Indian restaurant Kahani now open in Chelsea

CHEF PETER JOSEPH HAS LAUNCHED HIS FIRST SOLO RESTAURANT KAHANI

Located opposite the iconic Cadogan Hall, the 90-cover restaurant is inspired by Peter’s upbringing in Tamil Nadu, the southernmost state of India

WEBSITE: www.kahanilondon.com

Kahani, which translates to ‘story’ in Hindi, is centred around Peter’s philosophy of community eating to celebrate, bring people together, break boundaries and share tales. Previously executive chef at Tamarind for over 10 years where he helped the restaurant maintain its Michelin star, Peter’s new venture blends the cuisines of his two home countries. This contemporary approach to Indian cooking showcasesseasonal and sustainable British ingredients, focusing on grilled meats, fish and vegetables from the robata grill – a core dining philosophy of the restaurant.

He commented; “Kahani means ‘story’ and I am thrilled to be embarking on this new chapter in my life. Love for food and a pursuit of excellence in all that I commit to has taken me on a fascinating journey and I want to keep innovating and pushing boundaries with my food to ensure that people keep following my story and coming back for more”.

Kahani’s starters are to be served as finger food with the aim of creating a sociable atmosphere, in keeping with Peter’s community focused spirit. Highlights include; octopus and tandoori calamari served with kasoondi mustard and aloo pomelo chaat (£11) and a samosa platter with Punjabi aloo, Kolhapuri chicken and Chettinad venison (£10). The ‘classics’ section offer dishes cooked by either a tandoor or robata grill and feature delectable options such as; smoked Malabar prawns with fresh turmeric, coconut and curry leaves (£24); Gressingham duck breast with coriander, pokharaya chutney and a Jaitooni naan (£18) and tandoori broccoli marinated in honey, nigella seeds and wheat crisps (£12). There are only two curries available – the ‘Kahani’ butter chicken (£20) and a Nalli Gosht (£22) as well as a Thalassery Biryani (£23). An excellent selection of vegetarian and vegan options are also on the menu. Desserts play an important role, abandoning tradition with the likes of; raspberry and mint ‘melt in the middle’ cheesecake (£7.50); a chilli chocolate mousse bomb (£7.50) and a tandoori pineapple crème brûlée with coconut flavoured steamed yoghurt. Kahani also have specials that will change daily depending on what produce is available to the restaurant as well as tasting menus.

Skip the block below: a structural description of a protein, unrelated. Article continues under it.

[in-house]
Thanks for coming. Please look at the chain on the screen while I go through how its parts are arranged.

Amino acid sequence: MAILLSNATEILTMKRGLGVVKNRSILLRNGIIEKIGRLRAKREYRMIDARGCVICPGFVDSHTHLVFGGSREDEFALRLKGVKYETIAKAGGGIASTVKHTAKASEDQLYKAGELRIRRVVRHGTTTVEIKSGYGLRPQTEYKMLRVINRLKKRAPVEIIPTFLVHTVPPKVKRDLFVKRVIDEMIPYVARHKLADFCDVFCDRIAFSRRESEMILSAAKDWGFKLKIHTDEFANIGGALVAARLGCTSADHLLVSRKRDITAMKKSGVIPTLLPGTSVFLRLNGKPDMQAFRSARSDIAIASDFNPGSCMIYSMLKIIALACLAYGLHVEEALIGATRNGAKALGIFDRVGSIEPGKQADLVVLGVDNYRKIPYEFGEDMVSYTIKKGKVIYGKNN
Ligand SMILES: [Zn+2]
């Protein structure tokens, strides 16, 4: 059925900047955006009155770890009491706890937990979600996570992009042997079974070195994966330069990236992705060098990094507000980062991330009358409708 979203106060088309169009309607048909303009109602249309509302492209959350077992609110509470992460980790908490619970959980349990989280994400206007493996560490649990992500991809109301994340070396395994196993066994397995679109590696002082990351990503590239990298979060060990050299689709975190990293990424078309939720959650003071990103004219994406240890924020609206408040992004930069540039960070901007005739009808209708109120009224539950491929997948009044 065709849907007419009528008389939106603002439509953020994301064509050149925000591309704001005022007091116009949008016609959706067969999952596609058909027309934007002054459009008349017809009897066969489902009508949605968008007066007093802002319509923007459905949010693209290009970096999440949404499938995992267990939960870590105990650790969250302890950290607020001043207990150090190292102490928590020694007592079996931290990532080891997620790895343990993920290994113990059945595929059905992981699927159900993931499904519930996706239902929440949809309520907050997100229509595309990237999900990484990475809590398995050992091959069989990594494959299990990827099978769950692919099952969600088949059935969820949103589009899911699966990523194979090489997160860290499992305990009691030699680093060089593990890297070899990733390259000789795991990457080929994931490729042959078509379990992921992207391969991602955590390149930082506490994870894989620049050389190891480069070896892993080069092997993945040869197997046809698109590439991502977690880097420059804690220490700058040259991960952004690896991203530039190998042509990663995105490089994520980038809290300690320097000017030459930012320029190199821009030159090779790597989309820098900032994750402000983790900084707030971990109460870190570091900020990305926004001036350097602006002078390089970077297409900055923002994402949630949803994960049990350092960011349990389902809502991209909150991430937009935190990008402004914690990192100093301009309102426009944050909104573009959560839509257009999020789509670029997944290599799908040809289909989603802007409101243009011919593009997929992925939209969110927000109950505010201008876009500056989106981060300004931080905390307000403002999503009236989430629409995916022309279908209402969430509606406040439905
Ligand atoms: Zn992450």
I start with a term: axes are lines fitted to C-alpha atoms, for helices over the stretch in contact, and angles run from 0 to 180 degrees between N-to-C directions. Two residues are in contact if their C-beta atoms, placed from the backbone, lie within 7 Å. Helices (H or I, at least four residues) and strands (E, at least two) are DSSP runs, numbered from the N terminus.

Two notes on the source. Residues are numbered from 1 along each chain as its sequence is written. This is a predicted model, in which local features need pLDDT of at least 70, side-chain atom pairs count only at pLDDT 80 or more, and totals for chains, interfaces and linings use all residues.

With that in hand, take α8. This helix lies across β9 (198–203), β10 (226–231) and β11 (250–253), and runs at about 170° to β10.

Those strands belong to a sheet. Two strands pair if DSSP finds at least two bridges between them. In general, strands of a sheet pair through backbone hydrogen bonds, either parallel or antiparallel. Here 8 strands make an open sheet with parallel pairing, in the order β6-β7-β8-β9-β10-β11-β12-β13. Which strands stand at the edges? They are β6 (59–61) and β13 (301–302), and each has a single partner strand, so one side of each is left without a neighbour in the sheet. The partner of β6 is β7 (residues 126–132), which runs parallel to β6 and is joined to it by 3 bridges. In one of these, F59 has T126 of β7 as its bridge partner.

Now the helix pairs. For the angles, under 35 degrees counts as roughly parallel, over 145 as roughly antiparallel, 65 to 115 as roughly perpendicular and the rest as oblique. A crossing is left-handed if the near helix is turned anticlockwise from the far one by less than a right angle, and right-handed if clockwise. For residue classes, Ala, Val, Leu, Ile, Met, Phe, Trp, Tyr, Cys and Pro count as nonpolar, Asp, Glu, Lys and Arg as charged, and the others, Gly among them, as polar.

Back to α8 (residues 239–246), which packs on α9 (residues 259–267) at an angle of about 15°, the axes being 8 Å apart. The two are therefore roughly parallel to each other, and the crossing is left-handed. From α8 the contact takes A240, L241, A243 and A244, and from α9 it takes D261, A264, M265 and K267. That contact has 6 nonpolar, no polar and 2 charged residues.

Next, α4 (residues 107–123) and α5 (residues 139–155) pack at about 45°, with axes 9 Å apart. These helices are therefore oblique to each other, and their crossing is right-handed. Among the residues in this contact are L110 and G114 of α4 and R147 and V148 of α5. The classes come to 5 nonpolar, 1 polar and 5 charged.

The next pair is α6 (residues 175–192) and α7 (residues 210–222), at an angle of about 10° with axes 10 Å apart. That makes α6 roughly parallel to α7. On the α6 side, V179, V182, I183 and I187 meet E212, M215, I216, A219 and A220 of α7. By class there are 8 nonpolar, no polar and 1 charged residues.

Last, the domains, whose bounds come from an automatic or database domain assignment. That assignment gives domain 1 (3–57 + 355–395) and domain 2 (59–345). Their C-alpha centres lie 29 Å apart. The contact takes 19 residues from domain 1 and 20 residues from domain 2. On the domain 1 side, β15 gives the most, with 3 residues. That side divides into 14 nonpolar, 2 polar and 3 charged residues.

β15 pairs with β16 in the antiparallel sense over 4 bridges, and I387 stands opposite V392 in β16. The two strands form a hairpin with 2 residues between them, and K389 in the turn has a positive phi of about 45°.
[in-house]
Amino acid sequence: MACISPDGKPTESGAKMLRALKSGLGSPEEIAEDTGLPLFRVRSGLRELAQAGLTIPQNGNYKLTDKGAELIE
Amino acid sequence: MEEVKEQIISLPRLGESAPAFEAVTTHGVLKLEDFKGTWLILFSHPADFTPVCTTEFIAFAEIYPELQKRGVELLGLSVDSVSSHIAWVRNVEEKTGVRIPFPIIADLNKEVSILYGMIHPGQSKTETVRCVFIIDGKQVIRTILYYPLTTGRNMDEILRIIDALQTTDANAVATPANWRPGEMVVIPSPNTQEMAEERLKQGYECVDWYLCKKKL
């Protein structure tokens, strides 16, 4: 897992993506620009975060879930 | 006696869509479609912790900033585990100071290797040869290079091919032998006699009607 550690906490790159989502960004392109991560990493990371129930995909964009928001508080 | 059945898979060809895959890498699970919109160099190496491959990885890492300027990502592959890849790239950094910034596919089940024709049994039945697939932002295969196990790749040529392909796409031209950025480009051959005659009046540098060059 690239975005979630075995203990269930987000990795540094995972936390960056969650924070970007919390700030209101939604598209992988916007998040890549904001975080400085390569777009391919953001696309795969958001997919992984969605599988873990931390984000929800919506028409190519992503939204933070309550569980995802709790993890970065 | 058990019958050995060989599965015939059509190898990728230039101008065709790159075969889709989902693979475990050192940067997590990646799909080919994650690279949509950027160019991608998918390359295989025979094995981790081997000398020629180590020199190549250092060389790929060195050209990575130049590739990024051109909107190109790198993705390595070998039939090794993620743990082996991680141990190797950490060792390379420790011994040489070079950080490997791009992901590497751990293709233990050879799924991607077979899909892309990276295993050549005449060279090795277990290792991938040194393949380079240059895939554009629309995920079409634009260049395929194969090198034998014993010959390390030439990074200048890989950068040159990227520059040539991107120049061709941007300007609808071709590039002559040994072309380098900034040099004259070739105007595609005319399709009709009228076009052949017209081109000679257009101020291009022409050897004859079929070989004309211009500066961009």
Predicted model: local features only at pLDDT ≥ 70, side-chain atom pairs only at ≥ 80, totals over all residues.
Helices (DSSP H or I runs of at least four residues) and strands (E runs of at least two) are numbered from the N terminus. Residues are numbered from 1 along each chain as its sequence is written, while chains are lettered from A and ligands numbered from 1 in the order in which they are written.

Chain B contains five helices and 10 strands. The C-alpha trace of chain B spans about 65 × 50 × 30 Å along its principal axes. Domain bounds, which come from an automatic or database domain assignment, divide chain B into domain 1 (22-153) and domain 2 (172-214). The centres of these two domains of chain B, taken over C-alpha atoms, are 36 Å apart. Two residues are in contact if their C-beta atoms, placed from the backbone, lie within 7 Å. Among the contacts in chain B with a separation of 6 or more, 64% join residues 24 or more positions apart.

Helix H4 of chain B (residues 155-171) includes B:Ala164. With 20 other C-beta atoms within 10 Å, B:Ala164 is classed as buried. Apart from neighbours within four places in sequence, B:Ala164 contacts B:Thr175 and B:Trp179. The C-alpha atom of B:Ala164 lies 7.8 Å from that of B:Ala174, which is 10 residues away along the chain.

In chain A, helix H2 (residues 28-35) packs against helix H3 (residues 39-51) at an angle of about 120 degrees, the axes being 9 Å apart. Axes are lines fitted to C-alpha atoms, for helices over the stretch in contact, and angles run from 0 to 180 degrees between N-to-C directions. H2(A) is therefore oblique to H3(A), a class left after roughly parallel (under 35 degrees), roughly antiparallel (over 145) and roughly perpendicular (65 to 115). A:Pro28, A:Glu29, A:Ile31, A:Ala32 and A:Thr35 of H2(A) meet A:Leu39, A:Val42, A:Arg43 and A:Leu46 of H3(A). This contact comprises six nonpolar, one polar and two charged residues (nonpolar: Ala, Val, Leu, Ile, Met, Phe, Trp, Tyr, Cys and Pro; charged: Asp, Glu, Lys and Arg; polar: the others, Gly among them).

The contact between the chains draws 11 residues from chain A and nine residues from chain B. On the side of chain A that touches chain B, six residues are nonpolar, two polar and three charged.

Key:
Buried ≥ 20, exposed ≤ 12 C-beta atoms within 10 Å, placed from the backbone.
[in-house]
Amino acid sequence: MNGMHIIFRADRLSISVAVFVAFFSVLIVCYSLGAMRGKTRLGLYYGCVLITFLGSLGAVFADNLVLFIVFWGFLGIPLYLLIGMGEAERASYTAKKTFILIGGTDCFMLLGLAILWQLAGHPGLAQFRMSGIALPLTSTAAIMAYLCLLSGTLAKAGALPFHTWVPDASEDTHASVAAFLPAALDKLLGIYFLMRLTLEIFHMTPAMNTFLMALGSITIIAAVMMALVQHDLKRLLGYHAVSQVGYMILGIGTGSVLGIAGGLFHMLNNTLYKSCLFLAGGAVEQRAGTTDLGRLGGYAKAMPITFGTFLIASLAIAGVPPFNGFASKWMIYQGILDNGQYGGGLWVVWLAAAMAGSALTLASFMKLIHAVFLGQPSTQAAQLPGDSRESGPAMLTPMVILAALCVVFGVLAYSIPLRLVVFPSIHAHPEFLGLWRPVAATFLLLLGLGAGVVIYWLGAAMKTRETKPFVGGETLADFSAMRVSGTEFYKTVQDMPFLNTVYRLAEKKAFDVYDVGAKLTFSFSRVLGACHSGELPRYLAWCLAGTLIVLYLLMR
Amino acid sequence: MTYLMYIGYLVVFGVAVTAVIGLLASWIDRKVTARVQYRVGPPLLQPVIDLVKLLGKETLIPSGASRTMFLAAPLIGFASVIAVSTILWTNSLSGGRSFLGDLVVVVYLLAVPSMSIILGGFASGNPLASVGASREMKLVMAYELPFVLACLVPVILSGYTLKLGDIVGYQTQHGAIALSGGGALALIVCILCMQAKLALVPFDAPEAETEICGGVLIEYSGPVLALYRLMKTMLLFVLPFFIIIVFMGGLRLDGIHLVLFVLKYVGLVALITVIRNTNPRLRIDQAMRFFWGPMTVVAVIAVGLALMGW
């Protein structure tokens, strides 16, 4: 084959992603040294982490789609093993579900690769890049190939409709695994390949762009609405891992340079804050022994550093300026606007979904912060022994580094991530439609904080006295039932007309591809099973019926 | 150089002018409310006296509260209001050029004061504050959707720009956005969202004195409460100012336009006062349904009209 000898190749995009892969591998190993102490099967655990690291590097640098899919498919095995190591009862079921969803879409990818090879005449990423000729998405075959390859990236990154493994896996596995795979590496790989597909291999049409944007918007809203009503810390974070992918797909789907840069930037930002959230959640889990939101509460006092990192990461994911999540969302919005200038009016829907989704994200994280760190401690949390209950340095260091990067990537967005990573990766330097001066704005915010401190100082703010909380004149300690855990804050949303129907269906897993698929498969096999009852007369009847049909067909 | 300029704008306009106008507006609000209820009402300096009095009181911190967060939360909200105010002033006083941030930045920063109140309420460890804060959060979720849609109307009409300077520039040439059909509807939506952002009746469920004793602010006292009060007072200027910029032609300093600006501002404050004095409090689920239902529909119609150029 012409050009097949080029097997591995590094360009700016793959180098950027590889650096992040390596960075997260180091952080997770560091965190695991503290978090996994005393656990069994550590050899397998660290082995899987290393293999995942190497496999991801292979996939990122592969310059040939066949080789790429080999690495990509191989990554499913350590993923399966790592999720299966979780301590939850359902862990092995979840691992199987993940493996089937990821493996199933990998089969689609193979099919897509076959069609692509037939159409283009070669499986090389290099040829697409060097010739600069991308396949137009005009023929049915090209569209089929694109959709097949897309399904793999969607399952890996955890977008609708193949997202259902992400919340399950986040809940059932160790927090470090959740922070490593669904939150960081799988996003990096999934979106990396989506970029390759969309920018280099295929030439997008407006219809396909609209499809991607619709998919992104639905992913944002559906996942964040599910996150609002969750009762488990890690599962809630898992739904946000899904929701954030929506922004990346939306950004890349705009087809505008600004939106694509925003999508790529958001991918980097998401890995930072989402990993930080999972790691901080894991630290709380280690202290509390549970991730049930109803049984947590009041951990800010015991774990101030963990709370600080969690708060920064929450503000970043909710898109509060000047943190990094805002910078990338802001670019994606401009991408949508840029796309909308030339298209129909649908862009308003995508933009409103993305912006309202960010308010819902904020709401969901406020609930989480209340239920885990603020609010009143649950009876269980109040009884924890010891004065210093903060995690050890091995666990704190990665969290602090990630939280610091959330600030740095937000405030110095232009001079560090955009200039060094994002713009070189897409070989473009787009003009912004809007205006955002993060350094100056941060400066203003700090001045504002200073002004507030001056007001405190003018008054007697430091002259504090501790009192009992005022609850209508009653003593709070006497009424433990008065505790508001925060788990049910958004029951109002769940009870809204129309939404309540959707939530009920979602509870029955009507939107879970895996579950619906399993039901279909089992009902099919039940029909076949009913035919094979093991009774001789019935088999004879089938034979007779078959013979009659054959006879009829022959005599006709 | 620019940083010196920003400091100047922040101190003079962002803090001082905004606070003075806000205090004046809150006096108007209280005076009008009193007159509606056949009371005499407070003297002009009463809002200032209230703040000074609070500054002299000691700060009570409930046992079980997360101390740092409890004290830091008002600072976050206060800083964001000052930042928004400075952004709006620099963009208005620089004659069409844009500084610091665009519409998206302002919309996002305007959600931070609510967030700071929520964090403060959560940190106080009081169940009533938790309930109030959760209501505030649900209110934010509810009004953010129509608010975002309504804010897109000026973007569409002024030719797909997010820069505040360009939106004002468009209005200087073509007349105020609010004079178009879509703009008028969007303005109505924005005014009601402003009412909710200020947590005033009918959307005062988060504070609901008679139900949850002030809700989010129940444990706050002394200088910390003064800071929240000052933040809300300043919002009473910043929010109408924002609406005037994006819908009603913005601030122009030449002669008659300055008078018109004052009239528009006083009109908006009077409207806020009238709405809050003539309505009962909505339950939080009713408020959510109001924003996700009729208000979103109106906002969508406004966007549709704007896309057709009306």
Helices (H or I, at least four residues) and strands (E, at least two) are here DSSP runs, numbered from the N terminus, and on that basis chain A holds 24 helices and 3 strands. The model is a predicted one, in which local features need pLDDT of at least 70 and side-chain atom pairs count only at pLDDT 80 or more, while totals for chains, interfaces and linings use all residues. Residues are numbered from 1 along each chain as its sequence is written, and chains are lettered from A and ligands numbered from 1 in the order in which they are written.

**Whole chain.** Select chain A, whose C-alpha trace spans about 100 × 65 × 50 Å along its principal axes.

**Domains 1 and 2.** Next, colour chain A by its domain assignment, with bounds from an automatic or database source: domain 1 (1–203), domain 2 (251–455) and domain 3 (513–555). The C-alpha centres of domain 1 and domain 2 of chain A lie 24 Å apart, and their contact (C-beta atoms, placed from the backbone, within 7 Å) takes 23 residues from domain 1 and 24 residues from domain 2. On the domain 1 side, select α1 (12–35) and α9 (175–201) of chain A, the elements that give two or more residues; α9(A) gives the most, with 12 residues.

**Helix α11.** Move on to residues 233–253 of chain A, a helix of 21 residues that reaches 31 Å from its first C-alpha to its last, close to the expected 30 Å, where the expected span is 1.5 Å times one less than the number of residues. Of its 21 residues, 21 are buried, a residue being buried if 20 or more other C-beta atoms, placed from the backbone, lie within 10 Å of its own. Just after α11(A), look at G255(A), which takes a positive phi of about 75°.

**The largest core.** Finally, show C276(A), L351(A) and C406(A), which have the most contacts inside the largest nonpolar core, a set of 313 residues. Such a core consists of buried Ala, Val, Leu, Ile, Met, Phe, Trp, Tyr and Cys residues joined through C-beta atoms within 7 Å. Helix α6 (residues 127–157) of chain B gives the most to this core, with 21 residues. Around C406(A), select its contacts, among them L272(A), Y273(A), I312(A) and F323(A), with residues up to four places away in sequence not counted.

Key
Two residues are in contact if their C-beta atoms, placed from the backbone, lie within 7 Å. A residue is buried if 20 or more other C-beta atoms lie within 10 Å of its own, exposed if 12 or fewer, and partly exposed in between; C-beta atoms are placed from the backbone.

Both Kahani’s wine list and cocktail menu mirror the restaurant’s philosophy of bringing people together by offering a dynamic selection of carefully sourced wines from around the world. Created by the Restaurant Manager, Sheikh Shofi, the accessibly priced list will aim to work carefully to complement the Indian flavours Peter and his team create in the kitchen. An inventive and artistic cocktail list is also available.

The cocktail menu is based around the Hindu philosophy, ‘The Three Gundas’ (meaning virtues or strands) that are present in all things; Sattva (the quality of balance), Rajas (the quality of passion) and Tamas (the quality of imbalance). ‘Sattva’ cocktails are fresh, light and delicate such as the Goodness cocktail (£13) made with East London vodka, fresh lemon juice, homemade sugar syrup, green matcha tea powder and egg white, whilst the ‘Rajas’ selection of cocktails are fruity, sharp and rich with drinks like Passion (£15) made with Cashcane Extra Old, King ginger liqueur, fresh lime juice, angostura bitter, honey syrup topped up with ginger beer.

The ‘Tamas’ selection of cocktails are made up of woody, spicy and aromatic flavour profiles, such as Darkness (£14) using The English Original single malt whiskey, homemade lavender syrup, lychee juice, dill tincture topped with ginger beer. The 90-cover restaurant, designed by Kai Interiors, has been influenced by Hindu storytelling and India’s national bird, the peacock. Peter’s philosophy is represented with rich infusions of colour in the form of bespoke wallpapers and fabrics, highlighting India’s many fables. The space also has theatrical touches such as an open view to the dessert area and a backbar inspired by India’s Ancient Stairwells as well as banquette seating for guests to enjoy. The restaurant has a private dining room with 10 covers above the main dining area continuing the elegant décor with the touches of India’s quirky and interesting storytelling seen in the rest of space.